The effect of the shifting is apparent from comparing the actual total system power of FIG. 1A to the indicated total system power of FIG. 1B. For example, the actual total system power increases steeply from zero to four time units, and then levels off. The indicated total system power shows a more gradual increase between one and eight time units, peaks at eight time units, then immediately declines. Any attempt to control system power based on the indicated total system power results in operational errors since the indicated total system power does not reflect the actual total system power.

It would be desirable to have a system and method of measurement for a distributed computer system that would overcome the above disadvantages.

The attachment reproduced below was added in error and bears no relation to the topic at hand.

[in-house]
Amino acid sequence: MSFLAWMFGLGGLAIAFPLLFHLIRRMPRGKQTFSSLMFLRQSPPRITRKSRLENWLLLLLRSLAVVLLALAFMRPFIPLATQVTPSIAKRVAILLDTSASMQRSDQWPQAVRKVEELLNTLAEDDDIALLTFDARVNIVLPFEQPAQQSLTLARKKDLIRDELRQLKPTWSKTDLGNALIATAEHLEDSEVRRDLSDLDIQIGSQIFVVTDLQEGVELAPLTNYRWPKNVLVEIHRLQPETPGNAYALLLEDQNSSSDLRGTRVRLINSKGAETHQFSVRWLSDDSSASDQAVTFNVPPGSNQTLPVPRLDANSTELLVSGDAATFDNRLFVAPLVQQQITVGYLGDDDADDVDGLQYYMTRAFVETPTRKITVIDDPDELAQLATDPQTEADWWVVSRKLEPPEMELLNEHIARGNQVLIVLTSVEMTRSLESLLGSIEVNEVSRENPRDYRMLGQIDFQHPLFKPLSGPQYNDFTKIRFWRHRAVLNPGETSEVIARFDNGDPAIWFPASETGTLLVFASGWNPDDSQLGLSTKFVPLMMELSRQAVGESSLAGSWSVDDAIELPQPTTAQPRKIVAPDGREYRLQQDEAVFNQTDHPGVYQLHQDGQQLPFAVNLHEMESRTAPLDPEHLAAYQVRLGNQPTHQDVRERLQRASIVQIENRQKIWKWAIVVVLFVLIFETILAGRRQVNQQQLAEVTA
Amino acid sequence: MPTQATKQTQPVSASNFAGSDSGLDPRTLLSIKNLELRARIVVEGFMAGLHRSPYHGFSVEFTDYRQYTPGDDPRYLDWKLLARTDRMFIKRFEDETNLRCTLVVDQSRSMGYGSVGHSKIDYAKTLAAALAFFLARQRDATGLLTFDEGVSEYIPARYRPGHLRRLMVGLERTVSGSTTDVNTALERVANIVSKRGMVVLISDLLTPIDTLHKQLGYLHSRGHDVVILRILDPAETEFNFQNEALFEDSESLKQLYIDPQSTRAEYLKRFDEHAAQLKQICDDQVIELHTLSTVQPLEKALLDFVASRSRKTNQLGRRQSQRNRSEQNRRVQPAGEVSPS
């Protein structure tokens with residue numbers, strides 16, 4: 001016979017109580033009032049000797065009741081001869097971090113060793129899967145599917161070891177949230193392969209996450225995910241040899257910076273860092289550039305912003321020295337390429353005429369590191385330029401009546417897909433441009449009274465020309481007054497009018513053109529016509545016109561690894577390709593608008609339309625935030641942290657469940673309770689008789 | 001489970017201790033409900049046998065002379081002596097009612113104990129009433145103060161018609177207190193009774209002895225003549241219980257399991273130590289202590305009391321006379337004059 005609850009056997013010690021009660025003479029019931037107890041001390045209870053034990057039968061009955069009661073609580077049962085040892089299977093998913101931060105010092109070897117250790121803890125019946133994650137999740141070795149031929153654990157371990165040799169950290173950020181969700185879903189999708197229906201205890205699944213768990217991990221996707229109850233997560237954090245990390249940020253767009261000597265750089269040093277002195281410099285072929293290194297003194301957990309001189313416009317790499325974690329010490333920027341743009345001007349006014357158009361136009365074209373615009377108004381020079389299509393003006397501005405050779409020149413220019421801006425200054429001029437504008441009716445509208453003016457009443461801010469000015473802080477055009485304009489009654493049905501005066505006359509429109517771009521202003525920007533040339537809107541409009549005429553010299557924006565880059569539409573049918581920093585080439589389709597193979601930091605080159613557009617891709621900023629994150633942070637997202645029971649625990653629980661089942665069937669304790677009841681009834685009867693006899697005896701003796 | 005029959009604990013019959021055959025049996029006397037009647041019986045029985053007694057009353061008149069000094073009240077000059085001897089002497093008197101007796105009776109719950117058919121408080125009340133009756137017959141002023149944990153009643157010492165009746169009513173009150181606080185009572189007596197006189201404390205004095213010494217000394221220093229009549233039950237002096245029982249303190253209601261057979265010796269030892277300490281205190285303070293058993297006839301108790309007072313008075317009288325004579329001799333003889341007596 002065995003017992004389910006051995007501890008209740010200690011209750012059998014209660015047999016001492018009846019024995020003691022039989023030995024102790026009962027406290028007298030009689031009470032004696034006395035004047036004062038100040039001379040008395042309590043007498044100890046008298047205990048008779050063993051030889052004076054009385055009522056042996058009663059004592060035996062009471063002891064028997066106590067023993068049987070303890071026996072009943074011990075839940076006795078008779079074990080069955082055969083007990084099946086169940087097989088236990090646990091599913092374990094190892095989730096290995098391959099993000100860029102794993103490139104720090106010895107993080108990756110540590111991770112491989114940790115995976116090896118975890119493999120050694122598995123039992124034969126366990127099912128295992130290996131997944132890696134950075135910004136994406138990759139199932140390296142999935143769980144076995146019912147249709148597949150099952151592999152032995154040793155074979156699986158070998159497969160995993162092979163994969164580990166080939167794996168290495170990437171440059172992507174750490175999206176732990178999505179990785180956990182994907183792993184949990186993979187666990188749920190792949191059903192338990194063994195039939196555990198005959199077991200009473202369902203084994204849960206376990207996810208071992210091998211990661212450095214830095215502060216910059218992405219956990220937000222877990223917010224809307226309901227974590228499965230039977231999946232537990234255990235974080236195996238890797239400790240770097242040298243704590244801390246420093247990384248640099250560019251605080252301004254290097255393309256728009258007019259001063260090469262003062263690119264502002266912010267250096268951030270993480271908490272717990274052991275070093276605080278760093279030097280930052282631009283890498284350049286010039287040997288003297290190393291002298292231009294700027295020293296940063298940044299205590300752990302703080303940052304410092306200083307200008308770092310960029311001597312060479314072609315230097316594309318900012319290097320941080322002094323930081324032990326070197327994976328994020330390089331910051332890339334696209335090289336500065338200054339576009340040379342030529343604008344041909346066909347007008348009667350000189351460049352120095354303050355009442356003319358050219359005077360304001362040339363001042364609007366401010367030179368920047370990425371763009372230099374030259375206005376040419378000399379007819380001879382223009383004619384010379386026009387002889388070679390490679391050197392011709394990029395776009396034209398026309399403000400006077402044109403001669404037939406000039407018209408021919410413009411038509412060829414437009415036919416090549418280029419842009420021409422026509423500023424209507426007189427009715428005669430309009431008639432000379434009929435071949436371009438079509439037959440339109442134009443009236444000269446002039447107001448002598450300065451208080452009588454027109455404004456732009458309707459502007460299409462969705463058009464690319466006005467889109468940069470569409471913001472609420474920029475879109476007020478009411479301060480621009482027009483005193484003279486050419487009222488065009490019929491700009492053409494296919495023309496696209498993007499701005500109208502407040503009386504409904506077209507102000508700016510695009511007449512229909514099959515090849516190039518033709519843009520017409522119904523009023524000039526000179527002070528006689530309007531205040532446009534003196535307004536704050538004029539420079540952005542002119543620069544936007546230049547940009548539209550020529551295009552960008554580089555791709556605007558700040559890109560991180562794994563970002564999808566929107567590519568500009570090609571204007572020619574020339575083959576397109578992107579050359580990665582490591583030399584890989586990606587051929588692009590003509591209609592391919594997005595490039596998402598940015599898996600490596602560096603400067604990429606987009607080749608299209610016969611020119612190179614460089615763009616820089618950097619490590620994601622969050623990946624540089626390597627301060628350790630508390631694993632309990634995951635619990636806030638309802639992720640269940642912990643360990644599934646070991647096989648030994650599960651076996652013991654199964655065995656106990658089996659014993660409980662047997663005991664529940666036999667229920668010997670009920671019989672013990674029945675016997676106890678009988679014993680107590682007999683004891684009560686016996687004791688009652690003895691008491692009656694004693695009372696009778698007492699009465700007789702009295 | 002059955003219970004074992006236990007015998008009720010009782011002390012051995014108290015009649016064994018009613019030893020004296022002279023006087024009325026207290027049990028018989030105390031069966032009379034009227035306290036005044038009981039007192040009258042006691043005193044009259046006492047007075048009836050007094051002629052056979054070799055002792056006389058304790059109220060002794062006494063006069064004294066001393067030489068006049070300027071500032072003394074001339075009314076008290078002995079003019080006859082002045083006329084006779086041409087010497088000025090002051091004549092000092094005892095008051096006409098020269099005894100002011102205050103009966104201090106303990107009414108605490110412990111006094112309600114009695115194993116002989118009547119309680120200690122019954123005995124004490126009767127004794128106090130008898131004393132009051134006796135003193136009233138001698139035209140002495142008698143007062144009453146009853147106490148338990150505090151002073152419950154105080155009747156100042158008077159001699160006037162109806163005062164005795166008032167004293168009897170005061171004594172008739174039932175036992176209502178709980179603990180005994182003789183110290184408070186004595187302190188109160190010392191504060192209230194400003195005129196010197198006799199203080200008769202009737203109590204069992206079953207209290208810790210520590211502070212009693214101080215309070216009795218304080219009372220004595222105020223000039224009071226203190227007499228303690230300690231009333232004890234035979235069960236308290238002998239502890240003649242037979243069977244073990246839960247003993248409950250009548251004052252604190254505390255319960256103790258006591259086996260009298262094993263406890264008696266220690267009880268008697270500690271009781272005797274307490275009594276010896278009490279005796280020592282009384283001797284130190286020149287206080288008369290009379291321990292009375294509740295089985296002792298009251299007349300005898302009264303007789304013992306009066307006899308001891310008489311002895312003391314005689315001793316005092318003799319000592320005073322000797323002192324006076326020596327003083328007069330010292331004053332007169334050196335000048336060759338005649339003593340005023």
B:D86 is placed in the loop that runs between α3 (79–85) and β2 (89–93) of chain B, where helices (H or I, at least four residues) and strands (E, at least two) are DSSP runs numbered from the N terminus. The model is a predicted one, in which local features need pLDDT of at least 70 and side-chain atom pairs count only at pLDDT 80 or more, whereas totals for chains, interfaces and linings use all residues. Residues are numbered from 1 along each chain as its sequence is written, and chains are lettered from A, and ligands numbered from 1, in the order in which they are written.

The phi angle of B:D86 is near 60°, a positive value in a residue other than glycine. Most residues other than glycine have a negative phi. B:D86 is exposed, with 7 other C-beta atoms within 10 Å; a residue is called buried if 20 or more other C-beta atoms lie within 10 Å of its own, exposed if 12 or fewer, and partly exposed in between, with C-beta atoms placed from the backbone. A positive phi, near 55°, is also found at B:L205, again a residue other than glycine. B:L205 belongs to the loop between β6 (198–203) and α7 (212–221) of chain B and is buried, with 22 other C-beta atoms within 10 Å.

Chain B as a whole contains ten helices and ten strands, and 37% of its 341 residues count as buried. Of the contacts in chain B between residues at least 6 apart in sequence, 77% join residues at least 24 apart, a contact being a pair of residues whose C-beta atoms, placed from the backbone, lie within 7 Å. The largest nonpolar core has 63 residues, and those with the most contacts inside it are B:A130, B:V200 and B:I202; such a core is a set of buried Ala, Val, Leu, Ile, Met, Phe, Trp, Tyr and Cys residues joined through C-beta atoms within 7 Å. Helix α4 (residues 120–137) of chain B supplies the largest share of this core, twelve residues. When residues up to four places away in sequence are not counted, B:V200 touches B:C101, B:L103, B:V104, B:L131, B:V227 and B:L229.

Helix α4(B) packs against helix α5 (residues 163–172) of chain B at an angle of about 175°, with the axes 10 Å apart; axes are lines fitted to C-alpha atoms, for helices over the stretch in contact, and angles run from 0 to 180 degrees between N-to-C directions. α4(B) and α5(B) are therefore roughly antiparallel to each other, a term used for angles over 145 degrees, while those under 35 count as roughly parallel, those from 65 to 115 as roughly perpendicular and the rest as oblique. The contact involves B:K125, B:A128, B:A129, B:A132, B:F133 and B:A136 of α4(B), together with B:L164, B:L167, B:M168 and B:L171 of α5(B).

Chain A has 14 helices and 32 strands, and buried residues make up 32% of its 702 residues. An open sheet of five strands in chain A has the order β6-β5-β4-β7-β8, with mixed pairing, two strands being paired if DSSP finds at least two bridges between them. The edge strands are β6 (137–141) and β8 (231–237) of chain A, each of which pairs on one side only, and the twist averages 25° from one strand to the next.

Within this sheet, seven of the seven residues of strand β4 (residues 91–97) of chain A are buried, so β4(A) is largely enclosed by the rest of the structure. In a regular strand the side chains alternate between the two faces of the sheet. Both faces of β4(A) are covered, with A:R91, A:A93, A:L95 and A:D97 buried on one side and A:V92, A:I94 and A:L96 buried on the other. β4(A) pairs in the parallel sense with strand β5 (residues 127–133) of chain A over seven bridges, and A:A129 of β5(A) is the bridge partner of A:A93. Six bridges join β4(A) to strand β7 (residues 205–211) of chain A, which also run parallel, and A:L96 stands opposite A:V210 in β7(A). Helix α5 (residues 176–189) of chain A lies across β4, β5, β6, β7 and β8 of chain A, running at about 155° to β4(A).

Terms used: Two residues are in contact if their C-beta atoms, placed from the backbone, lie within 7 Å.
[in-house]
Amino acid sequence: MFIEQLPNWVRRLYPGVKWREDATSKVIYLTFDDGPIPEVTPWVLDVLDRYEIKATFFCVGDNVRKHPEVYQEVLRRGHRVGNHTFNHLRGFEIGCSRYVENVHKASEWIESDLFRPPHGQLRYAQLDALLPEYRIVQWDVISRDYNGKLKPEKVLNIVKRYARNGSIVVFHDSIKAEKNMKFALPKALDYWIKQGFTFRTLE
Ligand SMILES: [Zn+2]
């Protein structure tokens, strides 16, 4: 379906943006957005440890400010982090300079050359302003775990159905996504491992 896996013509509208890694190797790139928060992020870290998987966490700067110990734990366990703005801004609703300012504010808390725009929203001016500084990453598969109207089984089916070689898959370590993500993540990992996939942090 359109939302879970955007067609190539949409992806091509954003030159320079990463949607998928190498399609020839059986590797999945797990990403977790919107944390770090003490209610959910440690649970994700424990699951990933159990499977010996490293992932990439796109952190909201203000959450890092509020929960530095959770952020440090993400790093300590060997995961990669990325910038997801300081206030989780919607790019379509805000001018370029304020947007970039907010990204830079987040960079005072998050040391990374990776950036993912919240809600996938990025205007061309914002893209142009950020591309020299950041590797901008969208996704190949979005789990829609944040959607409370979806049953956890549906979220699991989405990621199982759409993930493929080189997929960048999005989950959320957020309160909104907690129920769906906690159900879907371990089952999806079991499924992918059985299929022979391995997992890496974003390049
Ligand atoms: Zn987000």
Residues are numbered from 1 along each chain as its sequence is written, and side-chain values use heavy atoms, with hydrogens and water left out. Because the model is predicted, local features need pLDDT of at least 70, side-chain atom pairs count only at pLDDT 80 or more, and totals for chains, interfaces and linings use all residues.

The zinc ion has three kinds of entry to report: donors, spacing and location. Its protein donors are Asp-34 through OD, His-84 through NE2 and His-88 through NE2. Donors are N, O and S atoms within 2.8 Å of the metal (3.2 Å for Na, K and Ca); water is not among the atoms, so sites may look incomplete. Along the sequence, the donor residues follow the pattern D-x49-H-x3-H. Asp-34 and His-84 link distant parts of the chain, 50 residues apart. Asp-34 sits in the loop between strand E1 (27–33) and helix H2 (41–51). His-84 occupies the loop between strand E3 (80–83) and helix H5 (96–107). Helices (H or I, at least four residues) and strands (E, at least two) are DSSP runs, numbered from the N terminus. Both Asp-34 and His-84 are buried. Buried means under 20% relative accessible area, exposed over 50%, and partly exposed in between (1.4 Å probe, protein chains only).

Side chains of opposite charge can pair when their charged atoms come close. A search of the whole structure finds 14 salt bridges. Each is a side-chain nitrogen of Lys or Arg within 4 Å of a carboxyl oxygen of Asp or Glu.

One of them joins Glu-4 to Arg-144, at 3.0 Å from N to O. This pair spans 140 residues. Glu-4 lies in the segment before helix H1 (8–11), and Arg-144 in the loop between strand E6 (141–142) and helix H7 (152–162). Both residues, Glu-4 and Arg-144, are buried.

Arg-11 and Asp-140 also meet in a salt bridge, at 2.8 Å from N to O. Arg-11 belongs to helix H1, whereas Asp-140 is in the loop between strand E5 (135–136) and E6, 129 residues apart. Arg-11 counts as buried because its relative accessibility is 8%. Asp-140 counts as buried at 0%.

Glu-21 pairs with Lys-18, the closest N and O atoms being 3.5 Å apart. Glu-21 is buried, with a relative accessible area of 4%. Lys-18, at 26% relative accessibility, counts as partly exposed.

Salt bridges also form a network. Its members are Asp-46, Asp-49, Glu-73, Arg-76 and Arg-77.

SUMMARY OF THE INVENTION

The system and method of measurement for a distributed computer system of the present invention provides synchronous measurement of system parameters. Slave clocks in slave units are synchronized by allowing for slave unit latency between a master unit and the slave units. The precise measurement permits precise control of the distributed computer system and reduction of overly conservative operating margins.

One aspect of the present invention provides a method of parameter measurement for a distributed computer system including selecting a master unit; selecting slave units operably connected to the master unit on a bus, the slave units having slave clocks; determining slave unit latencies between the master unit and the slave units; generating slave unit synchronizing signals for the slave units, the slave unit synchronizing signals being adjusted for the slave unit latencies; synchronizing the slave clocks in response to the slave unit synchronizing signals; and measuring an operating parameter at the slave units at a synchronously determined time.